Most people with cystic fibrosis are diagnosed at birth. But like I’ve been told my entire life, I am anything but ordinary.
At 4 years old, I began to figure skate. It was clear that I had a talent for it and really loved it. But only a few months later, I got what my parents thought was a basic cold. I had never been sick before and when the coughs and mucus wouldn’t go away, my parents took me to see a doctor.
First, it was pneumonia (five times). I was put on multiple rounds of antibiotics and steroids just for the doctors to come up empty handed. Next, my ENT decided to remove my adenoids. But sadly, removing my adenoids did more harm than good. Simultaneously, my pulmonologist decided that I needed a bronchoscopy. After that, a sweat test was ordered to check for CF. When the test results indicated that my sweat wasn’t in the range of an average person with CF, my parents couldn’t have been more grateful. Even though they were left with more questions than answers, they were glad their 5-year-old child didn’t have CF.
Funnily enough (it’s actually not very funny), my parents’ feelings of relief were crushed when a few weeks later, my doctor called us with the bad news that my blood work had revealed that I did, indeed, have cystic fibrosis.
Quickly after my diagnosis had arrived, my older brother, Alec, was tested. He is five-and-a-half years older than me and had never shown any symptoms. To say the least, everyone was very surprised when he also came back positive for having CF. Since Alec had been asymptomatic for over 11 years, he had grown up healthy. So, while it finally made sense why he would become so out of breath after running, his CF didn’t alter his personal life too much.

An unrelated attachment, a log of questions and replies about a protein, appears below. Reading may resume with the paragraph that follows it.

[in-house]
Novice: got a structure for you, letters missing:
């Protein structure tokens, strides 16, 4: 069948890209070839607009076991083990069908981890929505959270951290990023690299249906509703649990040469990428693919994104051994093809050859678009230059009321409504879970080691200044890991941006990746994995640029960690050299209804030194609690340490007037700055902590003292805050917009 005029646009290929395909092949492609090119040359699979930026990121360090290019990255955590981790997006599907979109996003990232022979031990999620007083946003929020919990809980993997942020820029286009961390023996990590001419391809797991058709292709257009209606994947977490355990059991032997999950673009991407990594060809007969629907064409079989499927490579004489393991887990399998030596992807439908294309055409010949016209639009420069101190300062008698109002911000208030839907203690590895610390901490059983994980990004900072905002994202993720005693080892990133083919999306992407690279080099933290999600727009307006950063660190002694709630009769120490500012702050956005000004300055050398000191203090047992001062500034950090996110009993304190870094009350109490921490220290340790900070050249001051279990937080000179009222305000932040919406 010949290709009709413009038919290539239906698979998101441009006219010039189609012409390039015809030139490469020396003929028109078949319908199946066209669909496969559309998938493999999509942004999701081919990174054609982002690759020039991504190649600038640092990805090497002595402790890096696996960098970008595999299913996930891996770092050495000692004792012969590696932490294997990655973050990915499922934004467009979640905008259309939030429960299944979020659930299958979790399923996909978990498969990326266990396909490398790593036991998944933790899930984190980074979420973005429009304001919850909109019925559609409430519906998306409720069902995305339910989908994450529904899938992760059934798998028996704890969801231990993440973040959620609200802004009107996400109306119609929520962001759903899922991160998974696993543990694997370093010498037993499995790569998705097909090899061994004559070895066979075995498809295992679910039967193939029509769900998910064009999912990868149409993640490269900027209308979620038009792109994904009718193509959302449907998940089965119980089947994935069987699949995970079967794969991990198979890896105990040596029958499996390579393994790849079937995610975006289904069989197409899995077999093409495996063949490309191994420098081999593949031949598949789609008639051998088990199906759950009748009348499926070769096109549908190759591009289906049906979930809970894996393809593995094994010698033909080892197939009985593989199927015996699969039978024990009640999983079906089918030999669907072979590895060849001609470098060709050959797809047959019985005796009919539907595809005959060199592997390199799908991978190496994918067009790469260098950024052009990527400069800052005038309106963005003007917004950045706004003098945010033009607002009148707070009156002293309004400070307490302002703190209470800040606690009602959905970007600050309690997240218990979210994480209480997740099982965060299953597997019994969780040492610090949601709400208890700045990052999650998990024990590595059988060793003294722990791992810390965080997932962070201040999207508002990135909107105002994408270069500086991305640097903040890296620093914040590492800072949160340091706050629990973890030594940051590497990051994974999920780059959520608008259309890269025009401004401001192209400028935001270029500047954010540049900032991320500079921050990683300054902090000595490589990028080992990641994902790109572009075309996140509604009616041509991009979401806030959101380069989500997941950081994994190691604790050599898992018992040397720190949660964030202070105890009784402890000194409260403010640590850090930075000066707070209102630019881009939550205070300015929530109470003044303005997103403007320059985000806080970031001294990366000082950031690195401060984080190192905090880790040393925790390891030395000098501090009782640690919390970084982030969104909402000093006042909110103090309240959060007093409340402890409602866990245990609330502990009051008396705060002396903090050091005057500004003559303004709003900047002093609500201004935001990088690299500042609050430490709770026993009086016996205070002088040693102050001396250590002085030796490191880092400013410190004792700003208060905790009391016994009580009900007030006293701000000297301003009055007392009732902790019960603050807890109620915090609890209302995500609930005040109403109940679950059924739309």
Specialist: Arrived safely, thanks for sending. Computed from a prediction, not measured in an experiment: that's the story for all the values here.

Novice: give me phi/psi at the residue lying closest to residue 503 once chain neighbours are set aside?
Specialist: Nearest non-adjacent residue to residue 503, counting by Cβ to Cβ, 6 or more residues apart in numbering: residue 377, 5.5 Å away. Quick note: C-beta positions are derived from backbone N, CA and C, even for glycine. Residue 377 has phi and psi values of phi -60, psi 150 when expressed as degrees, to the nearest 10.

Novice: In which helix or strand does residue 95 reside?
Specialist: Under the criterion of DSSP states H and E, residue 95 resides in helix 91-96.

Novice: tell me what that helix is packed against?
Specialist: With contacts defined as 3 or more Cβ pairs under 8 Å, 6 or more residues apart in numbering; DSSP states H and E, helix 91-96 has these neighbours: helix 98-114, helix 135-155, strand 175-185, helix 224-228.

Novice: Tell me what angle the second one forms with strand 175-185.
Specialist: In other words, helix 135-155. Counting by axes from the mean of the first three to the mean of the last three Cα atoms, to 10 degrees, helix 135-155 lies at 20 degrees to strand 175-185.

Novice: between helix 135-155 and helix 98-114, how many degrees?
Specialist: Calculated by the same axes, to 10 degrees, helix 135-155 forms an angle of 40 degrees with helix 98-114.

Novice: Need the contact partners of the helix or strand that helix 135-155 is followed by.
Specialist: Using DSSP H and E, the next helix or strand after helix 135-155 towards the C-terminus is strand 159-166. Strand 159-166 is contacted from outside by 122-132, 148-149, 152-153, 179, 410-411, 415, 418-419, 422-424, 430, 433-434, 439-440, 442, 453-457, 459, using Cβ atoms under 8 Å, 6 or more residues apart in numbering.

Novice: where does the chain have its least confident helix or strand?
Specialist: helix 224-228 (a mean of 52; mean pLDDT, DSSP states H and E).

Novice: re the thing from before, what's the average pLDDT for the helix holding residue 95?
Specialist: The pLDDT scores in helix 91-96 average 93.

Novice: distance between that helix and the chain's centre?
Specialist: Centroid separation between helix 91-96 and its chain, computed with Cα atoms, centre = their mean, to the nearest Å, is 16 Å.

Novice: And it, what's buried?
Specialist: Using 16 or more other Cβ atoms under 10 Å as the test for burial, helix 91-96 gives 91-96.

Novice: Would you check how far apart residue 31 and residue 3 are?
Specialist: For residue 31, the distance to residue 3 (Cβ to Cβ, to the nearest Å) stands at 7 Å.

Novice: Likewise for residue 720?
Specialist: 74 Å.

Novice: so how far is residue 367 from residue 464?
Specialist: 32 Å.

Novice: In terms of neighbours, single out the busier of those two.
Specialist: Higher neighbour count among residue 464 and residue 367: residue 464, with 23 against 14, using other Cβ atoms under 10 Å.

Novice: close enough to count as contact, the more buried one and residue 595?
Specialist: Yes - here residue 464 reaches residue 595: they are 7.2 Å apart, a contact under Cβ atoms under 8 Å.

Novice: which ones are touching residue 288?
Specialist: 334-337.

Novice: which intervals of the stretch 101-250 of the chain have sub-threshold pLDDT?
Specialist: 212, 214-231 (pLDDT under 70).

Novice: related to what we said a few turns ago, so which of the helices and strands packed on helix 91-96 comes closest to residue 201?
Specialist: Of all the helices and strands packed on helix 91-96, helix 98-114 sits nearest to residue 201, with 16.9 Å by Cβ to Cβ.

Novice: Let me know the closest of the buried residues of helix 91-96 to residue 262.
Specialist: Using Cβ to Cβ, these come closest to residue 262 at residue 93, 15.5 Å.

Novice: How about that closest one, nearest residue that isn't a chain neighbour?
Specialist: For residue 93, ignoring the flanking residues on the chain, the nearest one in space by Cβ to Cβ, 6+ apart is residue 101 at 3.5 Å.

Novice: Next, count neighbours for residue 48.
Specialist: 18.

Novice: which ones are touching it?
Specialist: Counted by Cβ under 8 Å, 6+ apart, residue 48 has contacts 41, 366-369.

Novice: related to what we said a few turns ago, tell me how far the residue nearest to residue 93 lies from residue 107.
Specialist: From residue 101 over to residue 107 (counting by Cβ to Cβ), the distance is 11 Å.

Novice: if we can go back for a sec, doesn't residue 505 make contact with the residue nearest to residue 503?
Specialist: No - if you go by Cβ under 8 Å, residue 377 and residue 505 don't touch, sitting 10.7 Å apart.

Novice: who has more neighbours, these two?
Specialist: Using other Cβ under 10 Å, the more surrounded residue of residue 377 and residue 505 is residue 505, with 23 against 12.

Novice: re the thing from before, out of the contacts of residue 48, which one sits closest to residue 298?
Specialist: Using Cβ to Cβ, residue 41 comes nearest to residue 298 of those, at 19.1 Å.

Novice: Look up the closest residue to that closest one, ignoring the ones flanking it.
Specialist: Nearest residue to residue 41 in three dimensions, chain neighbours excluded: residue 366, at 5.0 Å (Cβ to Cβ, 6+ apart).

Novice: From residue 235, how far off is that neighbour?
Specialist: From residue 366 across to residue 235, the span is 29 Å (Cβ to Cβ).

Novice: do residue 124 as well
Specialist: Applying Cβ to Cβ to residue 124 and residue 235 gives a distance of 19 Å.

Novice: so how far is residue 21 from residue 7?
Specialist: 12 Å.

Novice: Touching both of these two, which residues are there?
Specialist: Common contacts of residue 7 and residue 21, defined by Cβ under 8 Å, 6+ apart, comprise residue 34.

So, after over a year of grueling sickness, I was diagnosed. Of the more than 1,000 different mutations of CF, mine was one of the rarest ones. Everything in my life changed. New medications had been ordered, new doctors and treatments were now taking over my life, and a new disease had become my reality. But one thing that stayed the same throughout this whole journey was my love for figure skating.
Prior to my diagnosis, people called my mom crazy for her determination to continue my figure skating despite my extreme coughing fits. Little did everyone else know, my mom was my guardian angel. Figure skating is an extremely difficult and demanding sport. Not only do you need to be strong physically, but your health also needs to be pristine to withstand five-minute-long programs and hour-long training sessions. When I tell people that I’m a figure skater, they’re intrigued. But when I tell them that I’m a figure skater with cystic fibrosis, they’re shocked.
I quickly learned to adapt to being both an athlete and a person with a chronic illness. My coaches were more compassionate toward me and let me take breaks more often. My programs had built-in pauses specifically so I could take a breath. And most importantly, I was given words of encouragement for all of my accomplishments, no matter how minor.
To be blunt, the sport of figure skating saved my life. Not only did it give me an outlet to express all my feelings, but I was also able to train my lungs. It is necessary for people with CF to build up endurance and strength, and thanks to skating, I was able to do so.
I worked so hard to keep myself as healthy as possible, and 10 years after starting the sport I got the honor of being named a Team USA figure skater. I accomplished something that so many people could only dream of, and I did it with poorly functioning lungs.
So, like I said earlier, I’m anything but ordinary. I’m immensely proud to say that I am a CF fighter and will forever be grateful for the doctors, family, and friends who have fought so hard and continue to fight for my success.
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